Saturday, October 23, 2010

Negative Tides

It's negative tide season again! Negative tides that happen in the daylight hours, that is. November and December offer some nice afternoon negative tides. Check the tide tables and plan your trip to the cove. Bring kids and cameras. LEAVE THE WILDLIFE!

Saturday, October 9, 2010

Small Beginnings

I managed to get some of my new native plants into the ground before the lovely rains came this week. Way in the back is the White Sage, Salvia apiana. Then come the two Black Sages, Salvia mellifera, 'Skylark,' an Ashyleaf Buckwheat, Eriogonum cinereum, and the Coast Buckwheat, Eriogonum parvifolium. The smallest plants are some California Poppies, Eschscholzia californica. (I accidentally stepped on one while I was putting down the mulch, but it doesn't seem to have minded.) The log rounds came from my tree that was removed last summer. I wanted to use a non-organic mulch, but there was not much of a selection at the garden centers I went to. The mulch made from old tires looked absolutely ghastly, and smelled awful, too. The Bush Lupine, Lupinus longifolius, is still waiting to be planted. It will go where the birch trees used to be. Those overhead sprinklers that you see have been turned off. For now I will hand water the new plants as needed and wait for more rain.
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Sunday, October 3, 2010

Ready to Plant

I made it to the Native Plant Sale at the South Coast Botanical Garden on Friday evening and was able to find almost all of the plants on my list. Here's what I got:

Bush Lupine, Lupinus longifolius
Black Sage, Salvia Mellifera 'Skylark'
White Sage, Salvia apiana
Coast Buckwheat, Eriogonum parvifolium
Ashy-leaf Buckwheat, Eriogonum cinereum
Bush Monkeyflower, Mimulus aurantiacus
California Poppy, Eschscholzia californica
California Wild Rose, Rosa californica

I'm so thrilled to have my very own bush lupine. It's beautiful! I bought two of the 'Skylark' Melliferas, which have a deeper purple flower, and the apiana for its gray-green foliage and because it is such an interesting plant. The Coast Buckwheat is the plant that the El Segundo Blue Butterfly lays its eggs on. (I can hope, can't I?) The Monkeyflower was an afterthought to add some yellow color, along with the poppies. I bought the wild rose on a whim and now I don't know where to put it. The roots can be invasive I'm told.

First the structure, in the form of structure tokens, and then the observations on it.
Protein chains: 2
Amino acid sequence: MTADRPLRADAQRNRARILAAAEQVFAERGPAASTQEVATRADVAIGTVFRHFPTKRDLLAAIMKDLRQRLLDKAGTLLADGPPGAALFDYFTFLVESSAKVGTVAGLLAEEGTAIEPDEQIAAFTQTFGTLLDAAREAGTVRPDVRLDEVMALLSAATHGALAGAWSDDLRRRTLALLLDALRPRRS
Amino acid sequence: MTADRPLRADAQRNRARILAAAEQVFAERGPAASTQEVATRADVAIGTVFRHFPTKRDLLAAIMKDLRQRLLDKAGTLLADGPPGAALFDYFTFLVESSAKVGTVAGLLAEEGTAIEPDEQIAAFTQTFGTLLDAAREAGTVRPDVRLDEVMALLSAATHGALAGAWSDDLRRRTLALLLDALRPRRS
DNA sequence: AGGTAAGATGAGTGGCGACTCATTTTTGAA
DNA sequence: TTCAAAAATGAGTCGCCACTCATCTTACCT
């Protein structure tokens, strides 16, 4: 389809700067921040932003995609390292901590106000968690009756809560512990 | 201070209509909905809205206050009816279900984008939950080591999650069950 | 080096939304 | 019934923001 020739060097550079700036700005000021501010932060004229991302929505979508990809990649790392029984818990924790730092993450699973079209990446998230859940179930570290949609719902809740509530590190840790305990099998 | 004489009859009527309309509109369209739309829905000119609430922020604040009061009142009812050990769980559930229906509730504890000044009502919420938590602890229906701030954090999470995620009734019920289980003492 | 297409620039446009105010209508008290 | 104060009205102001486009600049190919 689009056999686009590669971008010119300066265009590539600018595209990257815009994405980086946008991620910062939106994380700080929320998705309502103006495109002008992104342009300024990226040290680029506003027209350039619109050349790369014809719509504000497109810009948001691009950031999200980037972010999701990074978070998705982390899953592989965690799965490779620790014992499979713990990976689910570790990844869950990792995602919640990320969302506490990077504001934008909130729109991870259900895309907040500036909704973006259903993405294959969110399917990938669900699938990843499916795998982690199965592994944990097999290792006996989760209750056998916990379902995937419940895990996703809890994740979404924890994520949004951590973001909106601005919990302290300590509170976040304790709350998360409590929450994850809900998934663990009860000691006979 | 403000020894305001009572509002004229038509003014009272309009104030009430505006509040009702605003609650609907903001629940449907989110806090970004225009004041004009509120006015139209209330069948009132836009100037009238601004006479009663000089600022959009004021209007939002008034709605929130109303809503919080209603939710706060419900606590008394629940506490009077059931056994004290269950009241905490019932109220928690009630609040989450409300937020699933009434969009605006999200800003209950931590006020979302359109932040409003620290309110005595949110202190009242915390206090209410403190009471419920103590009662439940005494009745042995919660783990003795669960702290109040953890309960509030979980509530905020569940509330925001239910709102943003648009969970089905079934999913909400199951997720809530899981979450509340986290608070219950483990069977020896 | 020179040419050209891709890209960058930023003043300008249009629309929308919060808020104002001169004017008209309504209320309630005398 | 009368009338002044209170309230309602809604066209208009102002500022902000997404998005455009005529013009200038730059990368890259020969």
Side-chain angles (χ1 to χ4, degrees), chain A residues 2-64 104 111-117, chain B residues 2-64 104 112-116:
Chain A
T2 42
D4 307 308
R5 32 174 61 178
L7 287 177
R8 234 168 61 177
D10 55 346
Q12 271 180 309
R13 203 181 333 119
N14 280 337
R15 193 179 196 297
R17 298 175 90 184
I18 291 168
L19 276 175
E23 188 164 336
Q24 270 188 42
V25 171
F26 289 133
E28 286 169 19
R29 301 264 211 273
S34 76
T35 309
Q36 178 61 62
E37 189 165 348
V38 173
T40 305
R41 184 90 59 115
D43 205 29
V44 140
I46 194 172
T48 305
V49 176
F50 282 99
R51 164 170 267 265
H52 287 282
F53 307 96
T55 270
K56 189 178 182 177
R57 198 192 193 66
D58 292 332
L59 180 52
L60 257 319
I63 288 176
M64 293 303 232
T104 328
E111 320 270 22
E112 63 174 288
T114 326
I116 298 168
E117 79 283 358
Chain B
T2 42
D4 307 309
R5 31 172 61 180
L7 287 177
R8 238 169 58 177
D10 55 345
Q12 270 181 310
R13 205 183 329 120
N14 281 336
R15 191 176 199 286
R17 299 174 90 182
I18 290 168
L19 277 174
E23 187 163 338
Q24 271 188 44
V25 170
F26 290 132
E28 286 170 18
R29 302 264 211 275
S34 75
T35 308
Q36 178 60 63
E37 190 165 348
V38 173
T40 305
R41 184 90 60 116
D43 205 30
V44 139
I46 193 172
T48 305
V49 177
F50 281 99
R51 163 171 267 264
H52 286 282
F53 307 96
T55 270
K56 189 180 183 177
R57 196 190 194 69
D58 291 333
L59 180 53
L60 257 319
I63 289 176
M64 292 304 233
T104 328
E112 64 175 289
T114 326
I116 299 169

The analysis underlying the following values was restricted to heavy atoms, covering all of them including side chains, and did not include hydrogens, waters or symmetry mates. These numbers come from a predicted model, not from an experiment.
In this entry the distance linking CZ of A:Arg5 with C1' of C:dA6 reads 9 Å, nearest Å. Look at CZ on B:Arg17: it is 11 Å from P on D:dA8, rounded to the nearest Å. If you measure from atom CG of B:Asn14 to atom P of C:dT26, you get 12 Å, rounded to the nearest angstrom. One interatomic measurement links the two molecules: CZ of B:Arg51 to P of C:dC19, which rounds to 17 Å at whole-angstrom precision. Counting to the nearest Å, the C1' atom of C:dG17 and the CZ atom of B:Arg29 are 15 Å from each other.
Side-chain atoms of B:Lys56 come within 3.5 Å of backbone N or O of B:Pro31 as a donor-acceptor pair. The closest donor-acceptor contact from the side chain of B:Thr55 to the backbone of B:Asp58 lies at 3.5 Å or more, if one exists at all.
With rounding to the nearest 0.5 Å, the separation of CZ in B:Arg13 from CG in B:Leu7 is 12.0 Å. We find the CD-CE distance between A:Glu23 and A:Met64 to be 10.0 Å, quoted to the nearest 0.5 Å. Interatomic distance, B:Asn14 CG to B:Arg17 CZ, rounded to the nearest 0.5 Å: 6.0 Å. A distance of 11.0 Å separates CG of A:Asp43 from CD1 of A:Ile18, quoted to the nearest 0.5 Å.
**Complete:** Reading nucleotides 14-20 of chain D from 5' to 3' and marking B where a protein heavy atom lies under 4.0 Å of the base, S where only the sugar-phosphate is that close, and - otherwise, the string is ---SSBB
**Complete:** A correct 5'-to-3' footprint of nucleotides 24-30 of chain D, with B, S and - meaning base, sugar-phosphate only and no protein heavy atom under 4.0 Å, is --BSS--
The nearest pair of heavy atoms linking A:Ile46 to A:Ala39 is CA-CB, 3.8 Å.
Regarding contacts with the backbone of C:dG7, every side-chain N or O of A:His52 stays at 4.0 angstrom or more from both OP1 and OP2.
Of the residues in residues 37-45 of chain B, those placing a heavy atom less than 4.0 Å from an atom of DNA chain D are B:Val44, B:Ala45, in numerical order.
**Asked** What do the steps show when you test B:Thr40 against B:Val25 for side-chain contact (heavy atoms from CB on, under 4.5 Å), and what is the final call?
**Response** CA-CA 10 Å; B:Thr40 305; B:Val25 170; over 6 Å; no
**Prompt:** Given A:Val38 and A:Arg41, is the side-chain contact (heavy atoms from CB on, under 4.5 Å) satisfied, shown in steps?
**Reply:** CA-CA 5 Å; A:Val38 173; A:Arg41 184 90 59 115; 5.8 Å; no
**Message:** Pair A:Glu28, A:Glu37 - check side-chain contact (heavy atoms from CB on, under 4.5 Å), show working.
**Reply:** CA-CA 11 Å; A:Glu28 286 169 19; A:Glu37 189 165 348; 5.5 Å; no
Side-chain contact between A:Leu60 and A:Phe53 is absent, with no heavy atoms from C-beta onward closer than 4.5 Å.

What I didn't get were:

Miniature Lupine, Lupinus bicolor
California Gooseberry, Ribes Californicum
California Everlasting, Gnaphalium californicum

They had some gooseberries, but not this one and the ones they had did not suit my purpose. I was really surprised they didn't have the Gnaphalium, I thought it was rather common. But maybe you find it more in drier inland areas.

Along with all these lovely plants, I bought the Rancho Santa Ana Botanic Garden book on the Care and Maintenance of Southern California Native Plant Gardens by O'Brien, Landis, and Mackey, a treasure trove of information and well worth the $30 price. The book includes tips on planting, pruning, watering, pest control, just about everything you need to know but geared towards native plants. It's full of information you just can't find elsewhere. Rancho Santa Ana will be having their own plant sale in November (mostly natives), and their Grow Native Nursery will open November 10.

I am hoping that the really hot weather is over because I want to get these plants into the ground. I'll keep you posted on my progress.